12 Principles of NeuroArchitecture and NeuroUrbanism


By Andréa de Paiva 

1 – NeuroArchitecture, as well as NeuroUrbanism, is defined as the application of neuroscience in built spaces, aiming to better comprehend the impact of architecture on the human brain and behavior.


2 – NeuroArchitecture has an interdisciplinary character and, by incorporating elements of applied neuroscience, establishes rich interfaces with other fields of knowledge that, originally, didn’t have a broad connection with traditional architecture and urbanism. Therefore, NeuroArchitecture amplifies the field of research about the relation between constructed environments and their users, improving the comprehension of various messages that the environment transmits, including those on less conscious levels of perception.

3 - One of the greatest differences between NeuroArchitecture and Environmental Psychology is due to the contributions of neuroscience, which allow a more complete understanding of the functioning of the brain and the physiological reactions of the organism when exposed to stimuli from the environment. In this sense, it is possible to affirm that NeuroArchitecture also encompasses the field of Environmental Psychology, but goes further by involving studies on the nervous system, the endocrine system and the immune system, for instance.

4 - NeuroArchitecture can be studied in different levels, from the molecular and the celular to the level of systems and behaviors, always seeking to understand how the physical environment impacts individuals. Some exemples that illustrate the different levels of changes an organism can present in response to the environment: the liberation of chemical substances such as hormones or neurotransmitters, gene expression, brain plasticity or the alteration of mental states, perception, emotions and behaviors.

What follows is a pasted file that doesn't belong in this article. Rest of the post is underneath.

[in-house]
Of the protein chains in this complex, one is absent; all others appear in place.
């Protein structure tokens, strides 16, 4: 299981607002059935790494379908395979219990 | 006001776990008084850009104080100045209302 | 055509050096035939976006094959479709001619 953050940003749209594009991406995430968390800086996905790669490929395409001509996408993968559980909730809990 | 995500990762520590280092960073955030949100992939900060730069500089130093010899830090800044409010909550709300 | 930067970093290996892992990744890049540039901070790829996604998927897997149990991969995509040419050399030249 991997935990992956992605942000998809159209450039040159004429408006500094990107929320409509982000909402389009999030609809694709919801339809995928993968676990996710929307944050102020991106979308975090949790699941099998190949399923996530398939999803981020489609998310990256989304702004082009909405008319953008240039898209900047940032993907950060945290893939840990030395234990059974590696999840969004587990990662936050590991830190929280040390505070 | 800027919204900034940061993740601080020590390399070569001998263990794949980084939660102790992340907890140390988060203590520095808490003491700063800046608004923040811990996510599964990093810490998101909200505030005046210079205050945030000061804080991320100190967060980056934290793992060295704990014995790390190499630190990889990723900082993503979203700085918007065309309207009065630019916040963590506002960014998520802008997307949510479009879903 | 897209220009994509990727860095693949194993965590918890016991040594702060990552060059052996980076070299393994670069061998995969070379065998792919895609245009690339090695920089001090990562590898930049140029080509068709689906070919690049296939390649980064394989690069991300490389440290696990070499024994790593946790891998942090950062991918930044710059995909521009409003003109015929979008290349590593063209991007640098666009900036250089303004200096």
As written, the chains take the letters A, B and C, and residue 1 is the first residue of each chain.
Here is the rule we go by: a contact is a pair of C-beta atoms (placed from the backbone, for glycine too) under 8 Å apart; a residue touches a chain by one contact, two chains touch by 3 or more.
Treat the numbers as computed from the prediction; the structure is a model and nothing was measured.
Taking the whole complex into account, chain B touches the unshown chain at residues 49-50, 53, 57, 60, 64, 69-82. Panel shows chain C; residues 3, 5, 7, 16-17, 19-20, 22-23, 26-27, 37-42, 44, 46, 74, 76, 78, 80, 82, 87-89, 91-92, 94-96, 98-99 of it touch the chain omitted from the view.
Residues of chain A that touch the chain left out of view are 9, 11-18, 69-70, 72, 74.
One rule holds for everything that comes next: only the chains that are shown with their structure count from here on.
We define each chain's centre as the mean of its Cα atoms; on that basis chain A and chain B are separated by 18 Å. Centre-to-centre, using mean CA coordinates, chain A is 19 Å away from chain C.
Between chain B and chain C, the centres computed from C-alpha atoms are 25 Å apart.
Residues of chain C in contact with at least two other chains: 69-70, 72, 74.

NeuroArchitecture Principles

5 – NeuroArchitecture assumes that the environment has a direct influence on the most primitive patterns of brain functioning, which escape from conscious perception. The application of NeuroArchitecture consists in trying to create environments that can stimulate or inhibit some of these determined patterns, depending on the purpose of the space in question. In that sense, architects that make use of applied neuroscience can design with the explicit purpose of affecting human behaviors, even those that are beyond conscious perception and control.

6 – Neuroscience reveals various patterns of brain functioning, but people are still unique on account of the influence of genetics, culture and individual experiences. Because of that, the same environment can have distinct effects on different people. Therefore, comprehending the target public who will make use of the designed environment is fundamental for the success of the application of NeuroArchitecture.


7 – The physical environment is not the only variable that affects the functioning of the brain and behavior. Personal features, the social environment, habits and routines are examples of other variables that can also affect how individuals react to the environment. In addition, each environment has a particular function and should have characteristics which stimulate specific behaviors and activities, such as creativity, focus, learning and memorization, socialization, relaxation, respect and so on.


8 – From a practical standpoint, NeuroArchitecture can and should be used to make human action more effective and, above all, to create healthier spaces on the short and long-term. Thus, the greater principle of NeuroArchitecture should be ‘efficiency with quality of life and personal well-being’.


9 - The duration and frequency of exposure of individuals to the physical environment can impact the effects it generates on the organism, perception and behavior. In general, the longer the occupation of a specific space, the more enduring its effects tend to be. For this reason, long-term environments require more attention from architects and designers, given that they have a greater chance of generating long-lasting effects, such as plastic changes in the brain.


10 – It is fundamental to take ethic principles into consideration when designing with applied neuroscience, for built environments can influence their users without them realizing it. These ethical elements are of great relevance in all areas of applied neuroscience.


11 – The application of neuroscience in architecture or any other area must be done with caution. The brain and its mechanisms are extremely complex and the frontiers of knowledge in that field are in constant advance. If architects and designers don’t keep constantly up-to-date, using reliable sources of information, they might be led to questionable conclusions.


12 – NeuroArchitecture does not consist on the creation of specific rules which should be followed by architects when they design. It consists of a set of concepts involving different brain properties that can be impacted by certain characteristics of the environment. It’s up to the architects and urban designers to choose what, when and how to apply them.


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© 2021 by Andréa de Paiva